Yin Yang School

Yin Yang School There is a tree that I know. It is a tall tree, and has been in existence for many years. The tree was there before the building that stands next to it. When the building was built, the tree was left standing and has adapted itself around the intrusion of the building. When I look at it though, I see more than most people do.

I have spent many years with this tree and know every knot on it, and every branch that it has. When I sit back and look at it from a distance, there is a perfect line that can be drawn up the trunk of the tree, and when that line is discovered, there is a perfect balance in the tree. The tree is nature, and the building is man, and though they are competing for the same space at the same time, there appears to be an understanding between the two of them. This balance that lies within this single tree is what the Chinese yin-yang symbol seems to recognize, where others may not. That there is a balance within everything and it is when this balance is understood and acknowledged that there can be harmony. The yin yang school was developed with the idea of balance within.

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The aftereffects of this school is present throughout many different areas of Eastern philosophy, and its reach touches Taoism and Buddhism and its influences are present in many of the great works that rule the Eastern religions and philosophies. The most interesting part of this school is that there is very little written on it, but its influence is everywhere. The union of man and nature, and the necessity of this understanding is key in comprehending the ideas that exist in this way of thinking. There is no official founder of the school, and while Tsou Yen is often associated with the school, there is evidence of this way of thinking present in other earlier works1. The essential theory behind the yin and the yang is that there are equal and opposing forces that control the physical and metaphysical world. In locating the balance, there is enlightenment and understanding.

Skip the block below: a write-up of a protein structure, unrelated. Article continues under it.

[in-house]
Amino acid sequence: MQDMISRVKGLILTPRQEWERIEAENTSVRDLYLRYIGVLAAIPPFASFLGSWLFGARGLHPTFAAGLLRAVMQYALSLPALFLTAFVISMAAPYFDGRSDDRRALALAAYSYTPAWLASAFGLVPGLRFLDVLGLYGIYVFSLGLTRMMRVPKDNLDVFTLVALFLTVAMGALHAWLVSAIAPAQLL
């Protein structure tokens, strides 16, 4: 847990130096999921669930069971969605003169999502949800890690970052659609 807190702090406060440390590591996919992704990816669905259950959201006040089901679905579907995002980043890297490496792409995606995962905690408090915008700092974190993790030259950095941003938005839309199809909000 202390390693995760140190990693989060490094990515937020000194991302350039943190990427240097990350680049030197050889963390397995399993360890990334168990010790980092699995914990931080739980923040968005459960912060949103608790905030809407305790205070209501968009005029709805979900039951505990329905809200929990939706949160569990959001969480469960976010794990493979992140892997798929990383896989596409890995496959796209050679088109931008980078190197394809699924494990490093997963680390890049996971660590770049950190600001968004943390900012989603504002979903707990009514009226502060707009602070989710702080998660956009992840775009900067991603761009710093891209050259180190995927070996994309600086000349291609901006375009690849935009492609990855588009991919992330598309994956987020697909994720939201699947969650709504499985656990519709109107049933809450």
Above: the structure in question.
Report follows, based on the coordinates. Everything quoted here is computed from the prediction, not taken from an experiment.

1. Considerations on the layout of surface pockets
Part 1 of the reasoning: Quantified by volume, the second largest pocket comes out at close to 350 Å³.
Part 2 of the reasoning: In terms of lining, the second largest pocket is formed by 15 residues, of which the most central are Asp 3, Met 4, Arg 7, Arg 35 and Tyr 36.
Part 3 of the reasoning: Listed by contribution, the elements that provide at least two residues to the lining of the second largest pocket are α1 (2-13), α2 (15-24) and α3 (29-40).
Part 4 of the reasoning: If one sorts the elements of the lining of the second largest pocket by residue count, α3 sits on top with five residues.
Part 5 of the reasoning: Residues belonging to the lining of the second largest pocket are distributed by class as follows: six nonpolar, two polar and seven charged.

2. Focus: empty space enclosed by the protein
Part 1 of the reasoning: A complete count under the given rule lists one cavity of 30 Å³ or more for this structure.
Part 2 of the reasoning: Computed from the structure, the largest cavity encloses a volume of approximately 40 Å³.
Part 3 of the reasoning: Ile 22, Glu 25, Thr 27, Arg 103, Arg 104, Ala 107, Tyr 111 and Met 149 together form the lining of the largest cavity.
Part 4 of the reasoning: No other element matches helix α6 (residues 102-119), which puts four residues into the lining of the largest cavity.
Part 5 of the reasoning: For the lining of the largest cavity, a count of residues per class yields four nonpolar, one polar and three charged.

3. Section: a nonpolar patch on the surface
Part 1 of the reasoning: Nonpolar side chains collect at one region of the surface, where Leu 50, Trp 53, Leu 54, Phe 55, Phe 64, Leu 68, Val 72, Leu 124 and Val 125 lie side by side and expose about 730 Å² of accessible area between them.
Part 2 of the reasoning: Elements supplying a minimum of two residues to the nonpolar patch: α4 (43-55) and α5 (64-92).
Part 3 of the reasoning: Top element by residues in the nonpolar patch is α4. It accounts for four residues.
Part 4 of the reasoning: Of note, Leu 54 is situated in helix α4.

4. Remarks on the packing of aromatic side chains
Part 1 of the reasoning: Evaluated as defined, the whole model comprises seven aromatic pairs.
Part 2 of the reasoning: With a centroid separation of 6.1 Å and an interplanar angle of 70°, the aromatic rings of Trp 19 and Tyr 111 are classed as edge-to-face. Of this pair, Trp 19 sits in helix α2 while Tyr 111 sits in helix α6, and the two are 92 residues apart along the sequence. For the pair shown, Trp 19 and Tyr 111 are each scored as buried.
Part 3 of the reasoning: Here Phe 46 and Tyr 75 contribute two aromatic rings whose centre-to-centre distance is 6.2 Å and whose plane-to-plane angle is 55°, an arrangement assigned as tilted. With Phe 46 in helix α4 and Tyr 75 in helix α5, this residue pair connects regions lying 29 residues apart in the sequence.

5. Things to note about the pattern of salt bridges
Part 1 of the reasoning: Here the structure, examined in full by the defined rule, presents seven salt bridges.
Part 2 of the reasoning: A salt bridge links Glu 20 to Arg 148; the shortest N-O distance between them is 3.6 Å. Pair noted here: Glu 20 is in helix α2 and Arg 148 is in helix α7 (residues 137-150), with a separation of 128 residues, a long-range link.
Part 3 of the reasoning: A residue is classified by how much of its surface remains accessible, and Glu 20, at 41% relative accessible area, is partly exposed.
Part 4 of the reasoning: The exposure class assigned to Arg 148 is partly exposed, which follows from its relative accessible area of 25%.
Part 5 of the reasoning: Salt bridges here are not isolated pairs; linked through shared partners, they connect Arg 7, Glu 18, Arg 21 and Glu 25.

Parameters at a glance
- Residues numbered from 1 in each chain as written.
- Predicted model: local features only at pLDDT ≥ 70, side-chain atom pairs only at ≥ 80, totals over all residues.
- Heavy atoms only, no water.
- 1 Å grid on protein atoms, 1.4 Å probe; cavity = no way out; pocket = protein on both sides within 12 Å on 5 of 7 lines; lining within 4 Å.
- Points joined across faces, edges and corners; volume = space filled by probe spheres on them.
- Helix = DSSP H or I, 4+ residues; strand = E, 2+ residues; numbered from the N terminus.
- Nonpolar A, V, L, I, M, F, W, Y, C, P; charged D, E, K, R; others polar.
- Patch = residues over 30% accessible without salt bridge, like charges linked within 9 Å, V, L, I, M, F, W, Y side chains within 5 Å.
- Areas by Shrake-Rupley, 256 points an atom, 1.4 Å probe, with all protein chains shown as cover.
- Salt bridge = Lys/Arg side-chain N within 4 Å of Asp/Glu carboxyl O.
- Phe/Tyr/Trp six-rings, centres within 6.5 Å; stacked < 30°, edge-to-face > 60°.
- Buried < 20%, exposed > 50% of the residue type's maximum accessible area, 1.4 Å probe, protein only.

This balance that exists within all things can provide an understanding of how the world works and mans place in it. In further accepting that there needs to be a balance between man and nature, there can be a harmonious co-existence as well. The Yin Yang school works in correspondence with the Five Agents. The theory is that there is a natural co-existence of man and nature, and all that is a flow or harmony that exists within nature. It is an elemental theory that proposes that all “things and events are products of two elements, forces or principles: yin, which is negative, passive, weak, and destructive, and yang, which is positive, active, strong, and constructive”2.

The influences of the yin yang school are vast. What is interesting though, is that despite its importance, there is very little written in it. Tsou Yen’s work has been destroyed, and all that remains is a brief overview of his life in the Book of Changes. The Yin Yang school emerged at roughly the same time that the theory of the Five Agents arose. By Tsou Yen’s time, the “two concepts, which [have] much in common, were thought of together .. he is usually credited as the one who combined the two independent currents into one”3.